jewelweed


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jew·el·weed

 (jo͞o′əl-wēd′)
n.
Any of several plants of the genus Impatiens having yellowish spurred flowers and five-valved seedpods that burst if touched when ripe. Also called touch-me-not.

[Perhaps from the fact that dew and rainwater collect in jewellike beads on their water-repellent leaves.]

jewelweed

(ˈdʒuːəlˌwiːd)
n
(Botany) botany any plant of the genus Impatiens

jew•el•weed

(ˈdʒu əlˌwid)

n.
any of several plants belonging to the genus Impatiens, of the balsam family, having yellow spurred flowers and a seedpod that bursts to the touch when ripe.
[1810–20, Amer.]
ThesaurusAntonymsRelated WordsSynonymsLegend:
Noun1.jewelweed - North American annual plant with usually yellow or orange flowersjewelweed - North American annual plant with usually yellow or orange flowers; grows chiefly on wet rather acid soil
herb, herbaceous plant - a plant lacking a permanent woody stem; many are flowering garden plants or potherbs; some having medicinal properties; some are pests
genus Impatiens - annual or perennial herbs with stems more or less succulent; cosmopolitan except for South America, Australia, and New Zealand
References in periodicals archive ?
It took me about an hour to reach the spot, and, along the way, I came across a world a little removed from the downtown garden experience, including trailside areas full of sweet gum seedlings, wild carrot and jewelweed.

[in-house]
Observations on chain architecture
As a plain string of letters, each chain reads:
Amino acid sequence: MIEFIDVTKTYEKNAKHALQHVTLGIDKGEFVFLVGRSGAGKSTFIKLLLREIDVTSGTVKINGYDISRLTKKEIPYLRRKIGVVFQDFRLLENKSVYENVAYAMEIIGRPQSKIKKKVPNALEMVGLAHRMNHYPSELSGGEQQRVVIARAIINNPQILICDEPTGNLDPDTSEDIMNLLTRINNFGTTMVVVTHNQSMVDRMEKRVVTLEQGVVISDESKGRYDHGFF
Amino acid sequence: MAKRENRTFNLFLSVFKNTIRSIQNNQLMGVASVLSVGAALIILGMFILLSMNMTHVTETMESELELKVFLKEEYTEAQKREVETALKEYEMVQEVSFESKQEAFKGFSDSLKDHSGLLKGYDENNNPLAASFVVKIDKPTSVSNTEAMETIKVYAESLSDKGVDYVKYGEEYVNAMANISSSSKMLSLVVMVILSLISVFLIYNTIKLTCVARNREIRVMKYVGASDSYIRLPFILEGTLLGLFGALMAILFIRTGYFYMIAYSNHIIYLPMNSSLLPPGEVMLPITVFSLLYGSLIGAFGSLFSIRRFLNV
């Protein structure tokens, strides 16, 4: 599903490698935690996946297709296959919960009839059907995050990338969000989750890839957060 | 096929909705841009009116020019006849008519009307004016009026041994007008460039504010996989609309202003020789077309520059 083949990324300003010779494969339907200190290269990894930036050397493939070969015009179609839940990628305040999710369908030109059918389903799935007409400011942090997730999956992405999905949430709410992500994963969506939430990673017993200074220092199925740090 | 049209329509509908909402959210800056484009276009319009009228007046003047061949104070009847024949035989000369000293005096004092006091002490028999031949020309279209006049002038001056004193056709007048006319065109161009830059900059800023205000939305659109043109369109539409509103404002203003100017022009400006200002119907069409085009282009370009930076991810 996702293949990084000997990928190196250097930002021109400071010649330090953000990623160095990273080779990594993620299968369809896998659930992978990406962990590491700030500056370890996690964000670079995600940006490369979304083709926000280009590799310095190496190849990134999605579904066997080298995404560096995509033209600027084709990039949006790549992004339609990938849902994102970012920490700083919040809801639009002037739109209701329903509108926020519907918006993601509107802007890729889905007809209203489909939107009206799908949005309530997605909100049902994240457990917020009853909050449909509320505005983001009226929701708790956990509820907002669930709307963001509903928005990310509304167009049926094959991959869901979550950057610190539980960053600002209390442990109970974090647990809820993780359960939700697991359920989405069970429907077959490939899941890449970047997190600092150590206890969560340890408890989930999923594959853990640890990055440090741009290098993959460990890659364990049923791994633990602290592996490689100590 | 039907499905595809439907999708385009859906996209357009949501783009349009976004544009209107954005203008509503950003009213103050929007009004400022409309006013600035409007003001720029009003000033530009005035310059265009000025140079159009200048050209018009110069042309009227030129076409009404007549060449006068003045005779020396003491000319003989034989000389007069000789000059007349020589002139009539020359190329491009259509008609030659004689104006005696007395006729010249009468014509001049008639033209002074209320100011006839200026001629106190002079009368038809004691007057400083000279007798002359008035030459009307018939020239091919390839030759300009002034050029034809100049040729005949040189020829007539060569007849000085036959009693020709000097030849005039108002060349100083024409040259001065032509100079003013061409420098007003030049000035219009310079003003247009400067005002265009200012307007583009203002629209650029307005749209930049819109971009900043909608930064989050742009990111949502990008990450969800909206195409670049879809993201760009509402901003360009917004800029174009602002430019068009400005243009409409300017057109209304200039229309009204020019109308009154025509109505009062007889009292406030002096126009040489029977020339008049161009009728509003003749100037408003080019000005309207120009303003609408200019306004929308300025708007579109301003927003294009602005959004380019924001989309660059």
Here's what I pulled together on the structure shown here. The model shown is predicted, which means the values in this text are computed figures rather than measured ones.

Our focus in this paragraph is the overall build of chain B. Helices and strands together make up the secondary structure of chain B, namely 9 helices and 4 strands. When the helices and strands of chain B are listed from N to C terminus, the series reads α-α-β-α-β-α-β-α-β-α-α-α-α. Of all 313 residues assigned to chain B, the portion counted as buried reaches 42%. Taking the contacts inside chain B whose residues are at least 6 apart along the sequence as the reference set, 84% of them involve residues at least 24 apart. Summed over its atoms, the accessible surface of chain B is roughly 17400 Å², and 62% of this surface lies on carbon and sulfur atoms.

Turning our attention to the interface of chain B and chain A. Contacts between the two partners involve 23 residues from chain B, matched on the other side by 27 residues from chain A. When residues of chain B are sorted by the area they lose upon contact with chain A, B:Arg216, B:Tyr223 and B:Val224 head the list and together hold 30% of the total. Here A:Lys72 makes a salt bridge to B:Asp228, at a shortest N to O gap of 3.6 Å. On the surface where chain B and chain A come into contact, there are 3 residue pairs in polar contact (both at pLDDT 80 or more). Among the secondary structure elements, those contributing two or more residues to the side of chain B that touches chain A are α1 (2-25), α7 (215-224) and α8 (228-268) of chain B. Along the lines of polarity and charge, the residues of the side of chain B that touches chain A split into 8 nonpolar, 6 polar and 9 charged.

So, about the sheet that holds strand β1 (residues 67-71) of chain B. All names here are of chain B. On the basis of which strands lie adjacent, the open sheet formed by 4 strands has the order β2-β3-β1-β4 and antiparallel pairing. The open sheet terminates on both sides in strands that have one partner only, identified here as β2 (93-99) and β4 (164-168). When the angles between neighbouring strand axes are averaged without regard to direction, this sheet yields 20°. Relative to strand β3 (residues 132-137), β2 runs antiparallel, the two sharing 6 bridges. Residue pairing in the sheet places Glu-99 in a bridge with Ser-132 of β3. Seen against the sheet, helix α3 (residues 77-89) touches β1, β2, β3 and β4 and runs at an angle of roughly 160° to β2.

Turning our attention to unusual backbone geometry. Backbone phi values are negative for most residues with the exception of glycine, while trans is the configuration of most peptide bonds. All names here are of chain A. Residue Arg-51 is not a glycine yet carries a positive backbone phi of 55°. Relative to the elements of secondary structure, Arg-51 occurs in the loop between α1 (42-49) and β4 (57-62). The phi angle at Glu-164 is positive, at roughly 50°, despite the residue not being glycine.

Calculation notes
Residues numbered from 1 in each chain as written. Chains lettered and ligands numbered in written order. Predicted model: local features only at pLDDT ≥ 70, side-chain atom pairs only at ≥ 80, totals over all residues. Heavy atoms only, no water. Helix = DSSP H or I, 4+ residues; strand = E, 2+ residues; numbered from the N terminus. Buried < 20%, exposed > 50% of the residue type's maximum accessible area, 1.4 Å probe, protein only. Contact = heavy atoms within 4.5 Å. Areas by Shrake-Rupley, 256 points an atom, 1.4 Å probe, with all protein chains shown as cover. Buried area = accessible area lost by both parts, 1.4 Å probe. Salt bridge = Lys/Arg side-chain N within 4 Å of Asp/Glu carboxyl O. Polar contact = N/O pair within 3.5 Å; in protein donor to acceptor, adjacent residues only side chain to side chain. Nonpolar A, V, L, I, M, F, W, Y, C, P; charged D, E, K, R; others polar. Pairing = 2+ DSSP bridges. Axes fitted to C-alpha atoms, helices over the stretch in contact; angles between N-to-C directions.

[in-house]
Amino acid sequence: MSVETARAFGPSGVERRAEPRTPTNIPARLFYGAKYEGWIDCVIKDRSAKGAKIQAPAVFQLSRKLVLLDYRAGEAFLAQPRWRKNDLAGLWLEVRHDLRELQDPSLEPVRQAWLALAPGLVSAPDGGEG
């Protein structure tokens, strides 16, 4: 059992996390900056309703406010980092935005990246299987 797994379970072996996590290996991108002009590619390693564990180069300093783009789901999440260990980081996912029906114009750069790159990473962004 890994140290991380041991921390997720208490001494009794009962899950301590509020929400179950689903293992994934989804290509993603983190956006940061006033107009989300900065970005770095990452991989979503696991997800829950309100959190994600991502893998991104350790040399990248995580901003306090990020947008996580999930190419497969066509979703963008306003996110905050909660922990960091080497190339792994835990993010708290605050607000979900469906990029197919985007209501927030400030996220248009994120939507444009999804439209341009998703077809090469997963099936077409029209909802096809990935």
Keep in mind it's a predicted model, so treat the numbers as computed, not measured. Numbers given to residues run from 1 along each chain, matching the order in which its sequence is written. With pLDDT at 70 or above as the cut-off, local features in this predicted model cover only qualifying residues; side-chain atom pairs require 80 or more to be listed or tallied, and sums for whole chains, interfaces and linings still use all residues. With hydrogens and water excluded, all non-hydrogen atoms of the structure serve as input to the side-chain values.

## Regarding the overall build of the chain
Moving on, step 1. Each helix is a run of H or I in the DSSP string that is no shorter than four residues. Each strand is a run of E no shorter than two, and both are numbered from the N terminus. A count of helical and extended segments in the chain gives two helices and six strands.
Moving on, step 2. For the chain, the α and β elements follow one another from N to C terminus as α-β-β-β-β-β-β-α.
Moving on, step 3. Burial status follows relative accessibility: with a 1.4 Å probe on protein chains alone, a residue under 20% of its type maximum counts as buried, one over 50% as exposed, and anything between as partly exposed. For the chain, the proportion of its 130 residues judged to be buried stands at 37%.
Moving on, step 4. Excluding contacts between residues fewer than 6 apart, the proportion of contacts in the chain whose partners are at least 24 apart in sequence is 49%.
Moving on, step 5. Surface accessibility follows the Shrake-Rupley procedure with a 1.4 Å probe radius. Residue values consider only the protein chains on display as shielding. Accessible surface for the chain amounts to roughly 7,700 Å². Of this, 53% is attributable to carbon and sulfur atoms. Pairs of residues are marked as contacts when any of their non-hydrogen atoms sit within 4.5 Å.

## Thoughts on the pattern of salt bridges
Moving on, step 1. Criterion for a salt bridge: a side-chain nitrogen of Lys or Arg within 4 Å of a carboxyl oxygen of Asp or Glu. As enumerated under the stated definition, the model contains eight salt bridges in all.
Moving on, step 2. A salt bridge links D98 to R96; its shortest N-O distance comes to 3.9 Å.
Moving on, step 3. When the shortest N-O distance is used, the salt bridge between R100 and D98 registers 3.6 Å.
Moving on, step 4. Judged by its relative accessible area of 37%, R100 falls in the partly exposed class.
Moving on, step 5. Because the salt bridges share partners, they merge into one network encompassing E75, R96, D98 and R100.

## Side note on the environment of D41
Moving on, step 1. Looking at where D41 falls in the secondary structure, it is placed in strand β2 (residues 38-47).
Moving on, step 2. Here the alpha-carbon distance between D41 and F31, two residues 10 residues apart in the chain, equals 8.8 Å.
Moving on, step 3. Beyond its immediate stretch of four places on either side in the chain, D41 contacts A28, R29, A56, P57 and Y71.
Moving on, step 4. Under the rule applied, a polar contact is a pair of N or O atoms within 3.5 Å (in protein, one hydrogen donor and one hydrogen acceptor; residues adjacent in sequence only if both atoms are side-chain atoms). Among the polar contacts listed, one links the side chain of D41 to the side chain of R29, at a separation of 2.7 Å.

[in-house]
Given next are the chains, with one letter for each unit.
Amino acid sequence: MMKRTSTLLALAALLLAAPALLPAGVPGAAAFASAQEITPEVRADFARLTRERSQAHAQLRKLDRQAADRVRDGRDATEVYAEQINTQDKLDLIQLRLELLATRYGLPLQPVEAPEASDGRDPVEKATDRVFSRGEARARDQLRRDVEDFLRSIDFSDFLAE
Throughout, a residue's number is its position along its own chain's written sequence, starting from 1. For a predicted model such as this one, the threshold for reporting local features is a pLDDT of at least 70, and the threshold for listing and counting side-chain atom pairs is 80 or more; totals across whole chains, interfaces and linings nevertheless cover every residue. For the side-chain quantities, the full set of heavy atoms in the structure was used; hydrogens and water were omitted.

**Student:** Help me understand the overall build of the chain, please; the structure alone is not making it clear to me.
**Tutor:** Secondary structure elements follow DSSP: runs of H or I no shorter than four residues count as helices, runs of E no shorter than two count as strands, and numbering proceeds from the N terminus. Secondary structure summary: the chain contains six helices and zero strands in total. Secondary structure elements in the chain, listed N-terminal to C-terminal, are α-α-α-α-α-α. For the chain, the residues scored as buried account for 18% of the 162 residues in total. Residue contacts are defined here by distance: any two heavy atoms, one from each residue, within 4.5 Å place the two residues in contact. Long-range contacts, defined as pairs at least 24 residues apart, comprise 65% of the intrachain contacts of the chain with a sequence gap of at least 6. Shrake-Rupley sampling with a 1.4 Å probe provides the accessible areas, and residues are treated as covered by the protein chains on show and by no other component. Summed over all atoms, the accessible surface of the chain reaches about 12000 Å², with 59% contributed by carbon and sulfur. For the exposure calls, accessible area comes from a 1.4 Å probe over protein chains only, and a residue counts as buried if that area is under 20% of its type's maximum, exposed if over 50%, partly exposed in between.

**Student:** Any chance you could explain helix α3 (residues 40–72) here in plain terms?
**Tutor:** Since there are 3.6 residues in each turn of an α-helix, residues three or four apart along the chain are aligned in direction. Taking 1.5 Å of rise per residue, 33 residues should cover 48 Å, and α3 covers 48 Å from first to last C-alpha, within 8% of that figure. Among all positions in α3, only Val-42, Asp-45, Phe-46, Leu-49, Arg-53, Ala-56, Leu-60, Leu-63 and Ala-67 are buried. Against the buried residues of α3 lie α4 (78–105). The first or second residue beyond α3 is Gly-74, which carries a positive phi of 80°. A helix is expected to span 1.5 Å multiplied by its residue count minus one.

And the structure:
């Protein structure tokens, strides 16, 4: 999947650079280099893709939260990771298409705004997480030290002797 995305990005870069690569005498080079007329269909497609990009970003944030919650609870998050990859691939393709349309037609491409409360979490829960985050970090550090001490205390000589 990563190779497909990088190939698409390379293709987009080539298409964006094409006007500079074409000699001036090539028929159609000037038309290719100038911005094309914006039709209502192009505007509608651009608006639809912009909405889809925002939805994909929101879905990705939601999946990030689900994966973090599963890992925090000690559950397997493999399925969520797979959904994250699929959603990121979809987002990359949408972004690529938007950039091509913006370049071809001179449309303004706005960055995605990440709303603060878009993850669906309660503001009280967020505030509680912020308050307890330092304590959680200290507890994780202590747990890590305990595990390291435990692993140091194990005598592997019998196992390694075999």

8) Impatiens, jewelweed, touch-me-not, or snapweed (Impatiens capensis).
I've had good success using aloe, burdock, castor, chickweed, comfrey, dandelion, jewelweed, marshmallow, mullein, and plantain for making poultices.
Jewelweed, Impatiens capensis, reduces rash development following poison ivy (PI) exposure, Toxicodendron radicans.
Fallen branches there had snagged old leaves into what resembled islands on the windswept tar, some of them tufted with jewelweed, like hammocks in the Everglades.
Based on these studies, Zanfel, a mixture of alcohol-soluble and anionic surfactant, may be somewhat effective, but pimecrolimus and jewelweed extract were no more effective than placebo.
There are several homeopathic remedies out there, some with jewelweed which is supposedly the antidote.
Several herbaceous species were dominant across seeps, including (in order of importance): wood nettles (Laporlea canadensis), branch lettuce (Micranthes micranthidifolia), turtlehead (Chelone sp.), scarlet beebalm (Monarda didyma), pale jewelweed (Impatiens pallida), foamflower (Tiarella cordifolia), white wood aster (Eurybia divaricala), and green-headed coneflower (Rudbeckia laciniata; Appendix 1).
"The jewelweed has special oils in it that can ease poison ivy."
Based on seasonal availability, plants could include: Wild Geranium, Large Beard-tongue, Foxglove Beardtongue, Fall Phlox, Sweet William, Creeping Phlox, Turk's Cap Lily, Swamp Milkweed (to host Monarch butterflies), New England aster, Switchgrass, Big Bluestem grass, Black-eyed Susan, Jewelweed, Woolly Ragwort, Blue Waxweed, Purple Tridens grass, spearmint, peppermint, oregano, and sage.
During the summer and fall, it is nothing but dead leaves, and perhaps some jewelweed, but, even though this brook lacks the sparkling and gurgling of other brooks that are celebrated in song, "we love the things we love for what they are." Similarly, "Prufrock" and "The Wasteland," although great works, were followed in Eliot's career by truly religious works such as The Four Quartets, which were composed firmly in the Modernist period.
Stems of wild impatiens (Impatiens capensis), also known as touch-me-nots or jewelweed, contain a gel similar to aloe, which can also soothe poison rash.